Title: “From Neurons to Politics--Without a Soul”
Description: This lecture begins with the thesis that developments in neuroscience are calling for a “nonreductive physicalist” account of the person. The prevalence of physicalism in the academic world calls on Christians to re-evaluate centuries of dualistic anthropology. What difference might a physicalist account of human nature have made in Christian attitudes toward politics; what would Christians have been doing all these years if there had been no such thing as souls to save? Perhaps concerning themselves more with Jesus’ teaching about the kingdom of God on earth?
Speaker: Nancey Murphy, Professor of Christian Philosophy at Fuller Theological Seminary, Pasadena, CA.
Professor Murphy’s research interests focus on the role of modern and postmodern philosophy in shaping Christian theology, on relations between theology and science, and on relations among philosophy of mind, neuroscience, and Christian anthropology. Her first book, Theology in the Age of Scientific Reasoning (Cornell, 1990) won the American Academy of Religion award for excellence. She is author of nine other books, including Anglo-American Postmodernity: Philosophical Perspectives on Science, Religion, and Ethics (Westview, 1997); and On the Moral Nature of the Universe: Theology, Cosmology, and Ethics (with G.F.R Ellis, Fortress, 1996). Her most recent books are Bodies and Souls, or Spirited Bodies? (Cambridge, 2006); and (co-authored with Warren Brown) Did My Neurons Make Me Do It? Philosophical and Neurobiological Perspectives on Moral Responsibility and Free Will (Oxford, 2007).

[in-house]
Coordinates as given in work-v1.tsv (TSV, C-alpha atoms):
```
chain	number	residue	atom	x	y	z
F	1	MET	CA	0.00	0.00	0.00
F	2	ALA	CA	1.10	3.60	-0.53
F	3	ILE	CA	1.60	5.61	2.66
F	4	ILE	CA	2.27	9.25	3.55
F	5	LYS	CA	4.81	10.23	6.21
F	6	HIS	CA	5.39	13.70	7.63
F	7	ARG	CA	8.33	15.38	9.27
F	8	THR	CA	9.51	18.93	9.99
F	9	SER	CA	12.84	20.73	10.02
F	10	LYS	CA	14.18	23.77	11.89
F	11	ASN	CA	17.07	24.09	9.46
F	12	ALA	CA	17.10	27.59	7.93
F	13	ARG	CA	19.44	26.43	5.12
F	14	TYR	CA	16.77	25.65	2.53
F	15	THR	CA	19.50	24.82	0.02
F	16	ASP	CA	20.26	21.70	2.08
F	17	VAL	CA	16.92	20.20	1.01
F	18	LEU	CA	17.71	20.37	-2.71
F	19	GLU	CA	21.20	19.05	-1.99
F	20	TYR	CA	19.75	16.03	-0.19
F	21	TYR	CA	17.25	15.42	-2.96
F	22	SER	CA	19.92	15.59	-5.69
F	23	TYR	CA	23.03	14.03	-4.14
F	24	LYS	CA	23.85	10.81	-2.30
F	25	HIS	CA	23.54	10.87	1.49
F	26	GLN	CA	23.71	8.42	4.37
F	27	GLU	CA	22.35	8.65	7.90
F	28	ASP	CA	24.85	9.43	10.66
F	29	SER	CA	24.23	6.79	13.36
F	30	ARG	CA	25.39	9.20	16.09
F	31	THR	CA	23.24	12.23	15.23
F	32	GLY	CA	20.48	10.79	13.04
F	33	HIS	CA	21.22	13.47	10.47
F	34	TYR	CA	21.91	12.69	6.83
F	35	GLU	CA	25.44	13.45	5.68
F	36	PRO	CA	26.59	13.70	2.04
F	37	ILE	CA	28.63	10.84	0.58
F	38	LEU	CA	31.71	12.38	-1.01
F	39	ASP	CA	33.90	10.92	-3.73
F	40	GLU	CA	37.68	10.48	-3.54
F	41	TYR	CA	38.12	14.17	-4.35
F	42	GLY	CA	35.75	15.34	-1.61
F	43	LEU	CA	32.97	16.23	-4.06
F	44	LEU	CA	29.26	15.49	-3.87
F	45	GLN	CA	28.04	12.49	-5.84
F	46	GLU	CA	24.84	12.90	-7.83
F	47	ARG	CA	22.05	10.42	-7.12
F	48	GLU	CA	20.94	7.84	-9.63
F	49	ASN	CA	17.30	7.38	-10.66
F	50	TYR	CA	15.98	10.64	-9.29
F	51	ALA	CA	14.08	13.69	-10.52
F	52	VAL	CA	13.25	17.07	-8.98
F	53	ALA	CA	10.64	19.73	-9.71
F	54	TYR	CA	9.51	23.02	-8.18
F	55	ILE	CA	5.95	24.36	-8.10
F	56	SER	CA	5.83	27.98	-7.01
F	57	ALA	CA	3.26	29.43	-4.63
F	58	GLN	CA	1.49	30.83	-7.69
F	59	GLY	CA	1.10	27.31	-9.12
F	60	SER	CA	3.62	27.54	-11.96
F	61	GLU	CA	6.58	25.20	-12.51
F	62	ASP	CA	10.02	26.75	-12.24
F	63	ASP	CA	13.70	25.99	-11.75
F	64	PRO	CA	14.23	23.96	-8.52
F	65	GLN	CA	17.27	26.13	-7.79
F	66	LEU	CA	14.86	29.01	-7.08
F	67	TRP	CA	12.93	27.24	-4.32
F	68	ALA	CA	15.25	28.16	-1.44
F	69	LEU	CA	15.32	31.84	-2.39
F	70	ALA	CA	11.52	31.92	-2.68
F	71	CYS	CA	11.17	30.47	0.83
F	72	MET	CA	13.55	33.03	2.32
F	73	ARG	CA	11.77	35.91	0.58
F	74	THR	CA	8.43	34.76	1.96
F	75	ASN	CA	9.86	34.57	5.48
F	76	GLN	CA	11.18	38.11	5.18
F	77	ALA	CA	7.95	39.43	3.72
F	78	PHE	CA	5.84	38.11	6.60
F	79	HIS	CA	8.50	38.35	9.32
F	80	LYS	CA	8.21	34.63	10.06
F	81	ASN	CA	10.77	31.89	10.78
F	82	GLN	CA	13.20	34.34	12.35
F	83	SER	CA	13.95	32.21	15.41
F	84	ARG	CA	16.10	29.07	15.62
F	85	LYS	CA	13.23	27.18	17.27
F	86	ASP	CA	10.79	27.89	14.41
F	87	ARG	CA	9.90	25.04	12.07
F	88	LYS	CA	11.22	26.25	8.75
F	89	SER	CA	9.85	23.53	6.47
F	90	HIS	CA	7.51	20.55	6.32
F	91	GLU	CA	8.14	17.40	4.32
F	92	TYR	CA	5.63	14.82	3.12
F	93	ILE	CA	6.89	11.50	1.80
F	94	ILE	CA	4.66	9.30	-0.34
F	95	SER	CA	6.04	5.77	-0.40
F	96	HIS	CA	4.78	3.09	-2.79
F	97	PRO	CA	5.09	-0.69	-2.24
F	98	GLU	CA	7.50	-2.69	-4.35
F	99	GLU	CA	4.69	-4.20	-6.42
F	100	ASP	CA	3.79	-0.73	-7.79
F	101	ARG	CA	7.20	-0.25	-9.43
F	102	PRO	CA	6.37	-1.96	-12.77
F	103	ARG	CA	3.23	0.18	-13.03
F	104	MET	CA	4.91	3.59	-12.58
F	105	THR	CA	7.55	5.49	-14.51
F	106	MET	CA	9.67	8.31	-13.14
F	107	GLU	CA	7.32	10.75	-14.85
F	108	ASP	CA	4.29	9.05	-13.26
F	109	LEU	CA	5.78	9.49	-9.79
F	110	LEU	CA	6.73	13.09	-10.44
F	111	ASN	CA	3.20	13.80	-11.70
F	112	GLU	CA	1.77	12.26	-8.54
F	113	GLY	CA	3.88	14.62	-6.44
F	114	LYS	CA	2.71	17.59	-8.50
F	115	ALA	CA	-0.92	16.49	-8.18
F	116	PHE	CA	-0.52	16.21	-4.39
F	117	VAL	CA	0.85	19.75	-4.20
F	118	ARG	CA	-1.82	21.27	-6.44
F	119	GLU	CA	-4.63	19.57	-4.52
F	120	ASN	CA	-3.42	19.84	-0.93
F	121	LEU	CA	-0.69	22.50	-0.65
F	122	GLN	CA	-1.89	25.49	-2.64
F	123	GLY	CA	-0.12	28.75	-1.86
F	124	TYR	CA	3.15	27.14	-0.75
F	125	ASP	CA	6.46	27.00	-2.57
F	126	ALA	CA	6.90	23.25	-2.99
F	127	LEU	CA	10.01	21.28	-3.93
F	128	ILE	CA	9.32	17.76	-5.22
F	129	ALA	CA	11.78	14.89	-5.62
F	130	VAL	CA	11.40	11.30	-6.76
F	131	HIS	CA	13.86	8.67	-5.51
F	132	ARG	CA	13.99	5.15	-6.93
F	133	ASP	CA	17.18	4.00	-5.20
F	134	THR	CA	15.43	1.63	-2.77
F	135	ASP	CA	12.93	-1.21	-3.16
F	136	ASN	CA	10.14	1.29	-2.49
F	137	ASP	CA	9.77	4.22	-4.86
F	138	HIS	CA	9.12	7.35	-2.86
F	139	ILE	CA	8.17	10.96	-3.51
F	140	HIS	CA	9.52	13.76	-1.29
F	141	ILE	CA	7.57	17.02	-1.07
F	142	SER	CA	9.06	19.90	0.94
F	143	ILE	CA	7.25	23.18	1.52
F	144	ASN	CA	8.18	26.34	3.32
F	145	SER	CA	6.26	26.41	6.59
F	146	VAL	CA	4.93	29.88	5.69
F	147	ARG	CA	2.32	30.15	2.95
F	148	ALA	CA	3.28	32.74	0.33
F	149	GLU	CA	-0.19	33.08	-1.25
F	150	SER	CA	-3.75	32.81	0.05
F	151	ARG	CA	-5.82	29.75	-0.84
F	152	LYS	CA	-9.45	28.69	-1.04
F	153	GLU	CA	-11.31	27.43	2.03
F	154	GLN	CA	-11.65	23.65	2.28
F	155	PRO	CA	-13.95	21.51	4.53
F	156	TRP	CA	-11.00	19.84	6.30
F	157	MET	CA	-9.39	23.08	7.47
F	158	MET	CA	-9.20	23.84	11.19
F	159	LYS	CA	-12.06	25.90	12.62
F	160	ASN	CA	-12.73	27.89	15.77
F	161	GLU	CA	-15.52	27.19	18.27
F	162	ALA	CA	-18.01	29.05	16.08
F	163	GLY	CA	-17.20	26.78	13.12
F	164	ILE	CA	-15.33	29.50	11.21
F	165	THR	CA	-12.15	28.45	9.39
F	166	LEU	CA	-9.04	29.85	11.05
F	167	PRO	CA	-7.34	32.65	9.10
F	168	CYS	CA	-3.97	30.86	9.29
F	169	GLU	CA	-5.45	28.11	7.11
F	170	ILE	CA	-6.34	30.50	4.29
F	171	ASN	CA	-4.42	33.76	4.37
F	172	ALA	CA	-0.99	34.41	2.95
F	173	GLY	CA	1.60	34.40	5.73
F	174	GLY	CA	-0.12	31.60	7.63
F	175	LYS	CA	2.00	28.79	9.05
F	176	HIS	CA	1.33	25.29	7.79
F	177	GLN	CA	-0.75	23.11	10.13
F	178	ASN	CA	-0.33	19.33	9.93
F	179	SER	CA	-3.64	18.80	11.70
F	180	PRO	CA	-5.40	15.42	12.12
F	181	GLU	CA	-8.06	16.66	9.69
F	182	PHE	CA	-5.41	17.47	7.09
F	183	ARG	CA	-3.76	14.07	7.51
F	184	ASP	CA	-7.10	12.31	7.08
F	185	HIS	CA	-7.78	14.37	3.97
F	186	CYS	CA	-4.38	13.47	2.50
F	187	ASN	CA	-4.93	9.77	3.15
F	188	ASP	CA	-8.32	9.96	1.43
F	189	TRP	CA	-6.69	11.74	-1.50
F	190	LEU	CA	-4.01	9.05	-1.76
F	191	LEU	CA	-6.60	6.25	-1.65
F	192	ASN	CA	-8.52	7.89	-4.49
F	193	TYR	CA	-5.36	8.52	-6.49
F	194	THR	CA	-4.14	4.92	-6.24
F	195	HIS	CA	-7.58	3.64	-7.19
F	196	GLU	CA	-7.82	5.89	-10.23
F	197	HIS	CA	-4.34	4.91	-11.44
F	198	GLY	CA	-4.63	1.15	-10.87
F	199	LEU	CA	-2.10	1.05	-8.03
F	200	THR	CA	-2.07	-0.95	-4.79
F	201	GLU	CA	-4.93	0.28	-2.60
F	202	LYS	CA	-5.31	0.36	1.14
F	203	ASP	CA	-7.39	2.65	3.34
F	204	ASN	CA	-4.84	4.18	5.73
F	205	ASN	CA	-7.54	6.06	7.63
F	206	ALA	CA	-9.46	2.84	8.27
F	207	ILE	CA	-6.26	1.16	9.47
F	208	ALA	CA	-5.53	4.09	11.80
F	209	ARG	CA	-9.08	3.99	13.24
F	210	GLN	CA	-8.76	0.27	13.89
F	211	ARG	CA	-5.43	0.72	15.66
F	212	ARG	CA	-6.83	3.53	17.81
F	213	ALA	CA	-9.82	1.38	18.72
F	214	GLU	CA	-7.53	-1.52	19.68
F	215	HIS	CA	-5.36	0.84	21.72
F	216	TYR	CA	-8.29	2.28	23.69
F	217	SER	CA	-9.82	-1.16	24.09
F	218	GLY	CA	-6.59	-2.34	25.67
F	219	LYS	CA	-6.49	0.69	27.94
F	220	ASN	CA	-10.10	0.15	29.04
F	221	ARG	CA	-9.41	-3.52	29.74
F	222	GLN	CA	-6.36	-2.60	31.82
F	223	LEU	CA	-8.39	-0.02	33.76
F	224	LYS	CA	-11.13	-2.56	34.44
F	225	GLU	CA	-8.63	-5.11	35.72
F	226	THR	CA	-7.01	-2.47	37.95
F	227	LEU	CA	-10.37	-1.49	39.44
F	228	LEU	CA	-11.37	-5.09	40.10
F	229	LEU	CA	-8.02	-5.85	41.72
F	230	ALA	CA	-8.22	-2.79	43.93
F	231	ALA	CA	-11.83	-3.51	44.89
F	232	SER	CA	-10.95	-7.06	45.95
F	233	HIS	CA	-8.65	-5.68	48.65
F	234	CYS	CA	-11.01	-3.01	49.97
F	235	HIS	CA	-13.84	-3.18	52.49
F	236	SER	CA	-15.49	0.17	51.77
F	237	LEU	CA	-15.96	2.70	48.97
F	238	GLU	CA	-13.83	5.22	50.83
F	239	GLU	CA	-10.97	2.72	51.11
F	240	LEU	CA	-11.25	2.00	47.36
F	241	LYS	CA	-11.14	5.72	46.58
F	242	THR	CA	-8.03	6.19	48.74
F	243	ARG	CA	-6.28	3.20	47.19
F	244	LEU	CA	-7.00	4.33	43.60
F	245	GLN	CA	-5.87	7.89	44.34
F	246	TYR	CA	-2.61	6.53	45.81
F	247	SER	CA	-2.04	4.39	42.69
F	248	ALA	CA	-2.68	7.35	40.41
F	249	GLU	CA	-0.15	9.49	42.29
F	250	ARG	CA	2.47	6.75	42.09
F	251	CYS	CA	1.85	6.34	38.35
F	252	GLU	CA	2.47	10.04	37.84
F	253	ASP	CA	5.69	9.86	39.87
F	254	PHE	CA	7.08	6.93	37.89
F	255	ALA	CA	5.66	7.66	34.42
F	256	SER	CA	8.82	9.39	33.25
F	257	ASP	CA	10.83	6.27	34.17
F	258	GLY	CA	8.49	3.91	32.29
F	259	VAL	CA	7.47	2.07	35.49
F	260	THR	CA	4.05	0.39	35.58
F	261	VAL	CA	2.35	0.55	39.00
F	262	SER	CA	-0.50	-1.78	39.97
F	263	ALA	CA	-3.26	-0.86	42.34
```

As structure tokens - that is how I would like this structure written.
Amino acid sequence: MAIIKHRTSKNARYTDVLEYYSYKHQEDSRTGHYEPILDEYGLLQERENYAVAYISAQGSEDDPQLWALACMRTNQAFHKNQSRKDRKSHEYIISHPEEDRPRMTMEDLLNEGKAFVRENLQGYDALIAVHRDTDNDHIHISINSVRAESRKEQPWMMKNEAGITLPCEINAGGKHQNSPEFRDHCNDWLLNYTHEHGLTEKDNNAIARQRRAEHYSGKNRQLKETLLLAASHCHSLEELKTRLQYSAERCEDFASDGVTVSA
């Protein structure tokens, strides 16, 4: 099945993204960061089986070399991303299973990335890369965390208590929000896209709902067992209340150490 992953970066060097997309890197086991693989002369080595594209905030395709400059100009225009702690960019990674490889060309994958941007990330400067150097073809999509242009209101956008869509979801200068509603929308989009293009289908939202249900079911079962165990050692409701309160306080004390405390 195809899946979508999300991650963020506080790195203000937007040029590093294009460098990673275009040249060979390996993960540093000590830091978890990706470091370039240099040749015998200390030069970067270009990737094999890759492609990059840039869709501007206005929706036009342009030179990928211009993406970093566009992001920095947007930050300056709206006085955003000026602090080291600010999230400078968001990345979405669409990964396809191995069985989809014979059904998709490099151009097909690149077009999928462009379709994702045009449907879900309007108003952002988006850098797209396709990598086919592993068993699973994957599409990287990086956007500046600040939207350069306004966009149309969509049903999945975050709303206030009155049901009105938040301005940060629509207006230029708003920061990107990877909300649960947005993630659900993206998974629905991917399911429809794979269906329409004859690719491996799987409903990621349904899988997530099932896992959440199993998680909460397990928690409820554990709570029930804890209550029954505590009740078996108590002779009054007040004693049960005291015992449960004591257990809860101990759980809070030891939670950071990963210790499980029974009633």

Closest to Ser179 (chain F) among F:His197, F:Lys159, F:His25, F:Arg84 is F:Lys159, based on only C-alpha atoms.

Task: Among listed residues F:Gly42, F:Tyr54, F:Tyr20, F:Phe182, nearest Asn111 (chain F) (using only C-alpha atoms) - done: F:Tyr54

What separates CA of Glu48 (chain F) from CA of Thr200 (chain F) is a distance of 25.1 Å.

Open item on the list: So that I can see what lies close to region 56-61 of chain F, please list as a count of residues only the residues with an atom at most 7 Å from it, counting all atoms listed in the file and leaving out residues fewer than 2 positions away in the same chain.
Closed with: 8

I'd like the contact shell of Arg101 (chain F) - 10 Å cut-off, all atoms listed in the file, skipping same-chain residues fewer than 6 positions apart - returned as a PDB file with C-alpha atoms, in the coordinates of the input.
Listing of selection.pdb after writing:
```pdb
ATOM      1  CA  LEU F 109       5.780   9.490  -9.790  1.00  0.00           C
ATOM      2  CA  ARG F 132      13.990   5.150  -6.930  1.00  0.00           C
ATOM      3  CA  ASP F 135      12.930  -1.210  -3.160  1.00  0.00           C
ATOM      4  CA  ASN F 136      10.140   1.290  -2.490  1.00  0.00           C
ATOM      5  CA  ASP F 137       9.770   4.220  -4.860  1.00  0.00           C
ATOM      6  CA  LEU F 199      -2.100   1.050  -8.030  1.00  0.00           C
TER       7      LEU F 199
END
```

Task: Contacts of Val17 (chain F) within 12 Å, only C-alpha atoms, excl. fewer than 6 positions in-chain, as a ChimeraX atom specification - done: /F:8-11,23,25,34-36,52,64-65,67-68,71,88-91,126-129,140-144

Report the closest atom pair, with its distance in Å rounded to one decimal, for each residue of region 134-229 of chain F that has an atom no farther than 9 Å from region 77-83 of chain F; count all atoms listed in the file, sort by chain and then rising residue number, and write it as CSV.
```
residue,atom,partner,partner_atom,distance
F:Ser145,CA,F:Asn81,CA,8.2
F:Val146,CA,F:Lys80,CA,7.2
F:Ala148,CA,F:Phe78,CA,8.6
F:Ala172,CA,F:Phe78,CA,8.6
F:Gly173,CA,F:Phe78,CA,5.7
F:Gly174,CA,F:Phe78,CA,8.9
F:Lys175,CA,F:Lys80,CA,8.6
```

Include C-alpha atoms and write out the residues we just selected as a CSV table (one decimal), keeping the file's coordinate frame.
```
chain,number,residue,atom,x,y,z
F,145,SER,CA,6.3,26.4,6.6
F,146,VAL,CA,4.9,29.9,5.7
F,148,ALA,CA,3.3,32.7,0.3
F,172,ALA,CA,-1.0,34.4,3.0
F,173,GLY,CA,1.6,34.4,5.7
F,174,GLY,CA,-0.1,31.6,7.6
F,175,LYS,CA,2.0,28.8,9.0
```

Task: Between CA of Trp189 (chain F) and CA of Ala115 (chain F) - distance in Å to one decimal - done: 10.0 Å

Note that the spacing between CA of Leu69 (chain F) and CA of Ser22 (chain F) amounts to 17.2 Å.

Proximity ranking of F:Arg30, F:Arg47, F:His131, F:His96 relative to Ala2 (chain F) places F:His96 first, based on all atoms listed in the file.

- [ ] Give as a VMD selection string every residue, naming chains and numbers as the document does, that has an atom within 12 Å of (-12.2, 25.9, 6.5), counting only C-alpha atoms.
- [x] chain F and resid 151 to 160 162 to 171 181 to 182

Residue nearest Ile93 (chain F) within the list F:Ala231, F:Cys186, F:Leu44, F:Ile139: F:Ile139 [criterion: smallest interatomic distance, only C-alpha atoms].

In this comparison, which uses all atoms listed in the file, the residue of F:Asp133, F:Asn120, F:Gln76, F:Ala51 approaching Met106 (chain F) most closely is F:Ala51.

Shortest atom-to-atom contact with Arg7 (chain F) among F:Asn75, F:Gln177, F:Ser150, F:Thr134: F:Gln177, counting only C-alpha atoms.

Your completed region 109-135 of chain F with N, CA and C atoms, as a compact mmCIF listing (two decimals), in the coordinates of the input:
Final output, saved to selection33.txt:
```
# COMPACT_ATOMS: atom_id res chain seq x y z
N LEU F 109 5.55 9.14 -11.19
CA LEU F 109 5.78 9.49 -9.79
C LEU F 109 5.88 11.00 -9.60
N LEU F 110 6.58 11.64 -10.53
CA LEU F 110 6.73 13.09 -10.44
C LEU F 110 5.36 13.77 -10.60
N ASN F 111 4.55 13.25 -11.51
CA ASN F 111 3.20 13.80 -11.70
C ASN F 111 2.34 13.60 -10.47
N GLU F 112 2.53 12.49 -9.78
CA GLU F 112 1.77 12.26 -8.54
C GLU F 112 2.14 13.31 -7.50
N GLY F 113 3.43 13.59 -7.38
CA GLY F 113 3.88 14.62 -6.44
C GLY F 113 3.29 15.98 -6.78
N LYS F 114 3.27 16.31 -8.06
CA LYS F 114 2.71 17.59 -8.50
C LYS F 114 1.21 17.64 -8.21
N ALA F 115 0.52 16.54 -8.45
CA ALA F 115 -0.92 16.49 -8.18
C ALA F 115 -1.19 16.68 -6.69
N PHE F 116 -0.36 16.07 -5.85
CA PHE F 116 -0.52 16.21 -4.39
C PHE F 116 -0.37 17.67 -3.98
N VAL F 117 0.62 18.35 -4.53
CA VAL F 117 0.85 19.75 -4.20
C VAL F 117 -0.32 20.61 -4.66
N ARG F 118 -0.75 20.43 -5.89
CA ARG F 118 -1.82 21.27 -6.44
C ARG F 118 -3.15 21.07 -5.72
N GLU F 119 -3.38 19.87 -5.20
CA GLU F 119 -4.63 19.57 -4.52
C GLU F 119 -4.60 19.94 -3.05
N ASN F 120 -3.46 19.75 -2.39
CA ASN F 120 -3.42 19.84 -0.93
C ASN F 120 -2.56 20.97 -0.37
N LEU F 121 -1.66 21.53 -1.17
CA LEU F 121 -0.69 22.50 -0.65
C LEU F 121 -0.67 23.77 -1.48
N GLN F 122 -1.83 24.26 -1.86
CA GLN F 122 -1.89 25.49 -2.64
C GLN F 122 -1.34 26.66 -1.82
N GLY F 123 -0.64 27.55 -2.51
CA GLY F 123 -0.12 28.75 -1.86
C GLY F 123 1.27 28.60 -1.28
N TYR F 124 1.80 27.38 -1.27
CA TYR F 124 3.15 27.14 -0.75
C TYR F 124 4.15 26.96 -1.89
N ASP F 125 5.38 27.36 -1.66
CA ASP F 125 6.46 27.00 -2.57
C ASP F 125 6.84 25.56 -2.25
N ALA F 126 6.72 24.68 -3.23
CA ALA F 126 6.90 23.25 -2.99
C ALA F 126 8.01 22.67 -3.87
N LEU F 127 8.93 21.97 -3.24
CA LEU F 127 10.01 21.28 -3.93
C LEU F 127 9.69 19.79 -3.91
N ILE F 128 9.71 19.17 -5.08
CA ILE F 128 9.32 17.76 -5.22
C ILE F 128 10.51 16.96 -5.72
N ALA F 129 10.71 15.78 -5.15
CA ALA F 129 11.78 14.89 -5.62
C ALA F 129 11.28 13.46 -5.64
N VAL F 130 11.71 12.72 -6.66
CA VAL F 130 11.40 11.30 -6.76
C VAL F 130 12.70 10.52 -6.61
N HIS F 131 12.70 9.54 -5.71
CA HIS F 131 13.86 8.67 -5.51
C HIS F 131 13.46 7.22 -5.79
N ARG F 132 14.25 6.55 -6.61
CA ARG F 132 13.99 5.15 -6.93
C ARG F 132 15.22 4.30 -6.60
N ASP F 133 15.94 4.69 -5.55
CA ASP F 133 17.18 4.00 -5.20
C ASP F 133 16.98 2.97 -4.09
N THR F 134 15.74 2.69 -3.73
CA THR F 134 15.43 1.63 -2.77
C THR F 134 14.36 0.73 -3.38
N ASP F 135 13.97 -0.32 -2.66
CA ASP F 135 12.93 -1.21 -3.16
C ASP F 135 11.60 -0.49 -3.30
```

Where: St. Olaf College, Tomson Hall, room 280
When: 3:30-4:45, Tuesday, March 13, 2012
This public lecture is initiated and sponsored by St. Olaf College’s Science Conversation program, with support from the Leraas Fund and the Religion and Philosophy Departments.